The very large majority of this group attend services of worship regularly, report affective religious experiences, and believe there is life after death. Almost all of them agree that religious faith is important in shaping how they live their lives.

Seekers. Intriguingly different from both these “committed” groups are the exploratory Seekers, a small but vital 8 per cent of teens. Their worldview is decidedly eclectic. They almost all self-describe as “spiritual”. This finds expression in belief in life after death, and repeated experiences of a presence or power that is different from their everyday selves.

Seekers have a decidedly eclectic worldview, seeking out their spiritual truth. They most likely consult their horoscopes, have seen a psychic, or both. At the same time, they identify with a religion and believe in God or a higher being.

This-worldly, Religiously committed and Seeker teens all represent decisive groupings of religious, nonreligious and seeker spirituality. The remainder of Australia’s teens are oriented towards one of these trajectories, but with less conviction.

Spiritual but not religious. Sitting between the This-worldly and Seekers is a group we call Spiritual but not Religious, represented by 18 per cent of teens in Australia. God, faith and religion are not important to them, but the door is open to spiritual possibilities, including issues such as life after death, reincarnation, and belief in a higher being (but not really God).

Indifferent. As might be expected, one group is largely indifferent or undecided about all of it: religion, spirituality and atheism. Following the lead from scholars overseas, we call this group Indifferent. They comprise about 15 per cent of Australian teens.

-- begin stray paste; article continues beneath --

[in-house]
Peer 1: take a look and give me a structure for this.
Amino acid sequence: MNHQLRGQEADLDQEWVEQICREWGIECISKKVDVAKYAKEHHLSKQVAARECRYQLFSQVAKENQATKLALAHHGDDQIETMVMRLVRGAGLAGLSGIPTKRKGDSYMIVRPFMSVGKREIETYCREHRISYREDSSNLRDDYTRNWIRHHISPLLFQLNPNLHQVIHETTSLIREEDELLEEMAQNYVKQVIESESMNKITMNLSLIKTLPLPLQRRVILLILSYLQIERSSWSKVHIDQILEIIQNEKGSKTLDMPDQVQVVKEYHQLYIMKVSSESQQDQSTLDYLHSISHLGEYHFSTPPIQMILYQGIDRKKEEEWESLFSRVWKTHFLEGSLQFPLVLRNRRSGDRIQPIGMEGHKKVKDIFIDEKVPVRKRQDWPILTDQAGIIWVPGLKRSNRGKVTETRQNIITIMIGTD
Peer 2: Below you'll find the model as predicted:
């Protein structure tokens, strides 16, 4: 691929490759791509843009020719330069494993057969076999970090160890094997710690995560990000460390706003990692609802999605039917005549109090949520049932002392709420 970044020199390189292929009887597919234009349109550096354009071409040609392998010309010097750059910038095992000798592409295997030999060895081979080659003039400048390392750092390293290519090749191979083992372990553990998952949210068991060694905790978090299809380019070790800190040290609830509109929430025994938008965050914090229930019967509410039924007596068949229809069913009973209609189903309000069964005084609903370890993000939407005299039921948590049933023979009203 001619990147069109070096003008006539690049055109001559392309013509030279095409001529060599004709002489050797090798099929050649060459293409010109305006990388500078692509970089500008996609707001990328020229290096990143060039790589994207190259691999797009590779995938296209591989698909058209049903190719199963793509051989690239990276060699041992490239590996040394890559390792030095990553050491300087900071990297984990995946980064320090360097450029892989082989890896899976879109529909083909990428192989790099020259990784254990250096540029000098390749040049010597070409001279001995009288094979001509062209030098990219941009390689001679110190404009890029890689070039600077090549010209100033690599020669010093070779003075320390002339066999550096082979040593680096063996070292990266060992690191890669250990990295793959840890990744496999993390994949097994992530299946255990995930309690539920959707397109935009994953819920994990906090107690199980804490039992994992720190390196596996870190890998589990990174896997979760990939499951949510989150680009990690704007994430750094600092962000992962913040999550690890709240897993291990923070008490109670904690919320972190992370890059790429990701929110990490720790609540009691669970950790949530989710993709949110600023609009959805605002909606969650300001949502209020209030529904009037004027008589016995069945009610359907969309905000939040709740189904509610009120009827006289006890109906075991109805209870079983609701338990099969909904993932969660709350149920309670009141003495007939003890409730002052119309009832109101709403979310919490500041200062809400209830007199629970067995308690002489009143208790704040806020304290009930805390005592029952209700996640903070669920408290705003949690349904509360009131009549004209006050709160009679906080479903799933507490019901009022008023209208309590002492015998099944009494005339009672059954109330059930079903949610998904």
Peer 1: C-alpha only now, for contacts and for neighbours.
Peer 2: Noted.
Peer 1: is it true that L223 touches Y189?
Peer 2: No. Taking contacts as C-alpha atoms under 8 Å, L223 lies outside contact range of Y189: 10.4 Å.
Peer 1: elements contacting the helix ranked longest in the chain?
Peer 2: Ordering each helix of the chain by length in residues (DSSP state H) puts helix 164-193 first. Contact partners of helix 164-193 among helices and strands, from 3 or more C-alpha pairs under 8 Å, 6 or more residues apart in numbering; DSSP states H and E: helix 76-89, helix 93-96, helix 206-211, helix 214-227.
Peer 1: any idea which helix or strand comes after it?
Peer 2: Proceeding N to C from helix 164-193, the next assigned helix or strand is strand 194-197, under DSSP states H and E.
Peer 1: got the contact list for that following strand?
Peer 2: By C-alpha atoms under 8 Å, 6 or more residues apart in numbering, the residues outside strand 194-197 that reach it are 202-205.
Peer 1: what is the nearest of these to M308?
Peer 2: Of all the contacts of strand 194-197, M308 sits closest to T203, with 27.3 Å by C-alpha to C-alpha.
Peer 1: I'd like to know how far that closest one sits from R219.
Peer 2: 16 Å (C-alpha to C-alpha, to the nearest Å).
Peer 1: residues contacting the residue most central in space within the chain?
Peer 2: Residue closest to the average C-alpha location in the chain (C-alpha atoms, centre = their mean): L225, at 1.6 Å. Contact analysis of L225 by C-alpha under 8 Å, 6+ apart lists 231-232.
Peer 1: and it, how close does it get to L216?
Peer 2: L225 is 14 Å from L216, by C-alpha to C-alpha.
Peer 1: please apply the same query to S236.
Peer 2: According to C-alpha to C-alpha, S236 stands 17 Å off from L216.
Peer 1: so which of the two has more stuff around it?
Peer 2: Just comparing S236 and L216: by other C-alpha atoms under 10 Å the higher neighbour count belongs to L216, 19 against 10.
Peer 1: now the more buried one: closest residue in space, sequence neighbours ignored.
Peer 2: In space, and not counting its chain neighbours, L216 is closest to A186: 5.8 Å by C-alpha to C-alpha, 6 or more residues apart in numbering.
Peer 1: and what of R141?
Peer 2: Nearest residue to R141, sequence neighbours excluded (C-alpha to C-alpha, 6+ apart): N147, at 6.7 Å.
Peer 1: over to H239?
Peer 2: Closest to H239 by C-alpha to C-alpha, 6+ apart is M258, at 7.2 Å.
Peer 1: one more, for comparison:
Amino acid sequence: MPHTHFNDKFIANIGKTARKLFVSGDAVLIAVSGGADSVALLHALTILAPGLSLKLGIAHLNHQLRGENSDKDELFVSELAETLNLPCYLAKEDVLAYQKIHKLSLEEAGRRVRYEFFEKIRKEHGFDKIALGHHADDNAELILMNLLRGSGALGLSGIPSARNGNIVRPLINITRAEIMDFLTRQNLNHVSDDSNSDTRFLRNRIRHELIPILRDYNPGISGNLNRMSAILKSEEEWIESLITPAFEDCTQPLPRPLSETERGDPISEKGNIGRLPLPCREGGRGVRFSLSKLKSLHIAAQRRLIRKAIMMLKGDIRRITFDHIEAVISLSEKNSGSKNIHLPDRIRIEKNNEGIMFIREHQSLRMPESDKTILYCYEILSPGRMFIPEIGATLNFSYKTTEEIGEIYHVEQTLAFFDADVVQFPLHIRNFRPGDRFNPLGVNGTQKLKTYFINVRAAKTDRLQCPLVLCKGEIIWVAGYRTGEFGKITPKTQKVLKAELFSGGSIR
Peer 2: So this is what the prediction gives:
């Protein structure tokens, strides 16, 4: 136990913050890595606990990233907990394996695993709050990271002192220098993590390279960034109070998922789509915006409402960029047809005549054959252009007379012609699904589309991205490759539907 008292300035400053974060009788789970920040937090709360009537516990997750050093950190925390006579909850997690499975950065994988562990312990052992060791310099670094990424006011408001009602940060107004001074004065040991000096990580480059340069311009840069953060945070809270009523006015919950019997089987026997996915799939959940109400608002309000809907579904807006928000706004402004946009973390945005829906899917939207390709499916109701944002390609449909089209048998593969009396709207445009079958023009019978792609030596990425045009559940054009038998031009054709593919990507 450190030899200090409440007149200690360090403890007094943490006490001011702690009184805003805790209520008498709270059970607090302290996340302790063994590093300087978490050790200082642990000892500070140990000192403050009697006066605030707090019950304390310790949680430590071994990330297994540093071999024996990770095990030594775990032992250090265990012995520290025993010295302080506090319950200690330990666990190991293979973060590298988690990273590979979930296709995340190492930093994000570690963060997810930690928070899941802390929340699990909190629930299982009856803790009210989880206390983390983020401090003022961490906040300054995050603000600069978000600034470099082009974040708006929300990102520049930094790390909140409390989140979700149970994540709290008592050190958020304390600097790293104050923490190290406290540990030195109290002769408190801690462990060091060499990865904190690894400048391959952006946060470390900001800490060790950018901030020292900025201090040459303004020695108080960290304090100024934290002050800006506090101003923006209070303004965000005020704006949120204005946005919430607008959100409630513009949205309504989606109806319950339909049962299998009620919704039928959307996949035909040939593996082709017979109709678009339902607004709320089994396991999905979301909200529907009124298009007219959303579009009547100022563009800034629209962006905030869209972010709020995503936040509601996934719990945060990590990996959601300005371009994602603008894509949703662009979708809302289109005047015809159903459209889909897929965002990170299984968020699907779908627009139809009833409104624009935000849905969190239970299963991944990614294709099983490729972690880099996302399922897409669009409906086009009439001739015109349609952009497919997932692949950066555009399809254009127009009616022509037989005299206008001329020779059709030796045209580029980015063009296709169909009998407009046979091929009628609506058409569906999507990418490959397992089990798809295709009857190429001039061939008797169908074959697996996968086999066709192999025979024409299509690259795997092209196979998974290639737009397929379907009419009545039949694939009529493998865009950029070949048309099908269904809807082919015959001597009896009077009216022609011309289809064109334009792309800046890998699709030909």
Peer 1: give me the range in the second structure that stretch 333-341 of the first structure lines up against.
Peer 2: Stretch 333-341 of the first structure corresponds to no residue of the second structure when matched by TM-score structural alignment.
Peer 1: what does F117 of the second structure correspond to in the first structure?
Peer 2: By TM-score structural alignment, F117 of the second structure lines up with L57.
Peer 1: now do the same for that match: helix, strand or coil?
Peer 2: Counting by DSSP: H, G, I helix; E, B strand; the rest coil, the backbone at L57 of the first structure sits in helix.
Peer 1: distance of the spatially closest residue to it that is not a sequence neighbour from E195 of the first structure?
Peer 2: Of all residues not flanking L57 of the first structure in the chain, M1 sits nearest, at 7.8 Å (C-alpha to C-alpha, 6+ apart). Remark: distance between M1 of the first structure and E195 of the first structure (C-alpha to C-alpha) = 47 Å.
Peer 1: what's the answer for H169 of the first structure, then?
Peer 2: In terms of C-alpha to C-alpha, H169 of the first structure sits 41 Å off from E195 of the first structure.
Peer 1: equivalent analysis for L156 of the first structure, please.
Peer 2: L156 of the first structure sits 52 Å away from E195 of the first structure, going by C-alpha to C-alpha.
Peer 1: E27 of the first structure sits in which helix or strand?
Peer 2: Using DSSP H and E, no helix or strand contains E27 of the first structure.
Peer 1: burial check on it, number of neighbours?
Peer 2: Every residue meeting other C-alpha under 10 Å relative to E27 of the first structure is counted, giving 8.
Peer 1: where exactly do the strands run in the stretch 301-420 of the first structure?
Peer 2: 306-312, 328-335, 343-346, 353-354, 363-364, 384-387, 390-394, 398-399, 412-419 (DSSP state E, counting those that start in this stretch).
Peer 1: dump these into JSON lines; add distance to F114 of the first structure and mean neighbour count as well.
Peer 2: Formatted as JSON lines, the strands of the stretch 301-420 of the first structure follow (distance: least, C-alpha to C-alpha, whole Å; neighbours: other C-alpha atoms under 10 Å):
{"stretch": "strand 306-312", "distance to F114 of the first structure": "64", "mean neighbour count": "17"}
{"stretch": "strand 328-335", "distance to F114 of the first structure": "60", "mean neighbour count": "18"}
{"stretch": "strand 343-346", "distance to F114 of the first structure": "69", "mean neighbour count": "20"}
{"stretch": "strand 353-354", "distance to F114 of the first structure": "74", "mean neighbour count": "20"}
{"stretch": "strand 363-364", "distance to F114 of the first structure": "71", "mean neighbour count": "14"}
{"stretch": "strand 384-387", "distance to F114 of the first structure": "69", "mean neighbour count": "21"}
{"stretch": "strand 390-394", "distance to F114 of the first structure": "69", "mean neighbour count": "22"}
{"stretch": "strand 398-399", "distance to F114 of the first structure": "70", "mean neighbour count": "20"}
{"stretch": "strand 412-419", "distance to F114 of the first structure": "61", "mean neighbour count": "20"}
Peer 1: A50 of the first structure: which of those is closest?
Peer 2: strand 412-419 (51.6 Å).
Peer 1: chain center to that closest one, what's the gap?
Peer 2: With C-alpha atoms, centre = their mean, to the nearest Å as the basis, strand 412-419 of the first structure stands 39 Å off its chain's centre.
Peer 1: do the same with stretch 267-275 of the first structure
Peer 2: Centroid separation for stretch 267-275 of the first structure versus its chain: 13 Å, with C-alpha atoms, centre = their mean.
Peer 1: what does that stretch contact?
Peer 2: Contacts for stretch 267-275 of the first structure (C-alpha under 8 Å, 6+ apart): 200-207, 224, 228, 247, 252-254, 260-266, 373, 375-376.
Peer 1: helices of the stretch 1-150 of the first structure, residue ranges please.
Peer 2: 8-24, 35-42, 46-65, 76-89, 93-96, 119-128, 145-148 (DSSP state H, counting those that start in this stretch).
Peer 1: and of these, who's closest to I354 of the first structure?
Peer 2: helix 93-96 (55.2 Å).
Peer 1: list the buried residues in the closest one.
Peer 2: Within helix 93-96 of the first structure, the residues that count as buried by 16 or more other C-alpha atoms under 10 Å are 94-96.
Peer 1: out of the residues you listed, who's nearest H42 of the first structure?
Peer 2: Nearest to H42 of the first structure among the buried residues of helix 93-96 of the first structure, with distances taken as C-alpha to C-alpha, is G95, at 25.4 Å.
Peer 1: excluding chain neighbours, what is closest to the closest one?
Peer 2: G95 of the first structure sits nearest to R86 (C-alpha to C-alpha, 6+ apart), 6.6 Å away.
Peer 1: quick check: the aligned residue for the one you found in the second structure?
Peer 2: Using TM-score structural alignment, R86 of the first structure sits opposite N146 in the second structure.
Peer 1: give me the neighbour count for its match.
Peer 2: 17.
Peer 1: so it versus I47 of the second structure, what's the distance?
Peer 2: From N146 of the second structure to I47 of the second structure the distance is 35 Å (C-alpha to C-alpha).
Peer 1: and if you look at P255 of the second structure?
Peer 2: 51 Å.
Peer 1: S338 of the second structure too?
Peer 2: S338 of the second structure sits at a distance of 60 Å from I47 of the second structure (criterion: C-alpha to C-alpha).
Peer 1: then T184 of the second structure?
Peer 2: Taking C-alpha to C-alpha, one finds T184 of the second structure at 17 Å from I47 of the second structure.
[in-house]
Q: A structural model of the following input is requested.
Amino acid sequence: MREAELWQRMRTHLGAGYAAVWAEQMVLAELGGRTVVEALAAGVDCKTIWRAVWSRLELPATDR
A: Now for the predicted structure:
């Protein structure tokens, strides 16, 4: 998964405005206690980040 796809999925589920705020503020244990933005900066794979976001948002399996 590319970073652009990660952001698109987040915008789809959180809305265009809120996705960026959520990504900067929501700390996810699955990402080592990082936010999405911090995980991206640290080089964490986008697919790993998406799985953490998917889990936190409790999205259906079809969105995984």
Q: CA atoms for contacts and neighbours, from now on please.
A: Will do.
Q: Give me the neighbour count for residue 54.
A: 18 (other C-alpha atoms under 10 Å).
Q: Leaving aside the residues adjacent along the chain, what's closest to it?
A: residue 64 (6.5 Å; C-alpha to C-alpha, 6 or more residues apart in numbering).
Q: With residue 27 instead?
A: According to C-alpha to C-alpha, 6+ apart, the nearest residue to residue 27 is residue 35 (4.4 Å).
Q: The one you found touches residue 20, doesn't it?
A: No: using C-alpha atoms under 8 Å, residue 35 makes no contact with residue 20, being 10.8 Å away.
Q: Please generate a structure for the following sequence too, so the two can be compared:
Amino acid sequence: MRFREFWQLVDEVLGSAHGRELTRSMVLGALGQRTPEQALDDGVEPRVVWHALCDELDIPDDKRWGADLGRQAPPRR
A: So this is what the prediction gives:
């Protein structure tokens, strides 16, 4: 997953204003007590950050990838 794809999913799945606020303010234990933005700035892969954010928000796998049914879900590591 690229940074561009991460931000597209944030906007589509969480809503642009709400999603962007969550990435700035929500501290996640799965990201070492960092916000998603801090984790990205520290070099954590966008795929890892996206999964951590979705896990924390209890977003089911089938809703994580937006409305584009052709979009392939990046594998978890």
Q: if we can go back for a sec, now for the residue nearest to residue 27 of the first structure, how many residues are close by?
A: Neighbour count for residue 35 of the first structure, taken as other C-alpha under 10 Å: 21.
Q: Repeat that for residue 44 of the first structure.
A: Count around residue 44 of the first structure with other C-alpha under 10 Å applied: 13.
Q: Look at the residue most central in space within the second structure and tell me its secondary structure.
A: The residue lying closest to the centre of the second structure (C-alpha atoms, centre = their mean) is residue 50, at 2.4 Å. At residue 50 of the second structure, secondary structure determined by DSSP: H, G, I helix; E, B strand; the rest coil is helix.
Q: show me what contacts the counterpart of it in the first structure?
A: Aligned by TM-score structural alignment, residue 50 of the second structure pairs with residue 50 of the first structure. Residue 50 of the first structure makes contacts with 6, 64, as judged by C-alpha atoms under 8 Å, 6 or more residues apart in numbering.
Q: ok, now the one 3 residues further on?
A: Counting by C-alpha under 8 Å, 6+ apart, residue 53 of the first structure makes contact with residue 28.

Nominally religious. This group is largely culturally religious, following the religious identity of their parents, guardians or community (for example, a Catholic or Islamic school). Certainly, they identify with a religion, and believe in God, but faith is not important in their daily lives and they don’t often darken the door of a temple, church or mosque. At the same time, they don’t care for spiritual ideas either, such as reincarnation or horoscopes.

In short, dig a bit deeper and there is a lot of diversity among our teens on matters of faith and spirituality. And that sits comfortably with them. Our data show they are genuinely open to diversity in other people. While only a minority follow a faith with strong conviction, as a whole they are not anti-religious. As we heard often: “It’s all good.”

Tellingly, teens are wary of attempts by some to dictate to others what they can and cannot do, or who are disrespectful of those not like themselves. Didactic politicians beware.

Andrew Singleton is an associate professor of sociology and social research at Deakin University; Anna Halafoff is a senior lecturer in sociology at Deakin University; Gary D Bouma is an emeritus professor of sociology at Monash University, and Mary Lou Rasmussen is a professor of sociology at the Australian National University.

This article is republished from The Conversation under a Creative Commons license. Read the original article.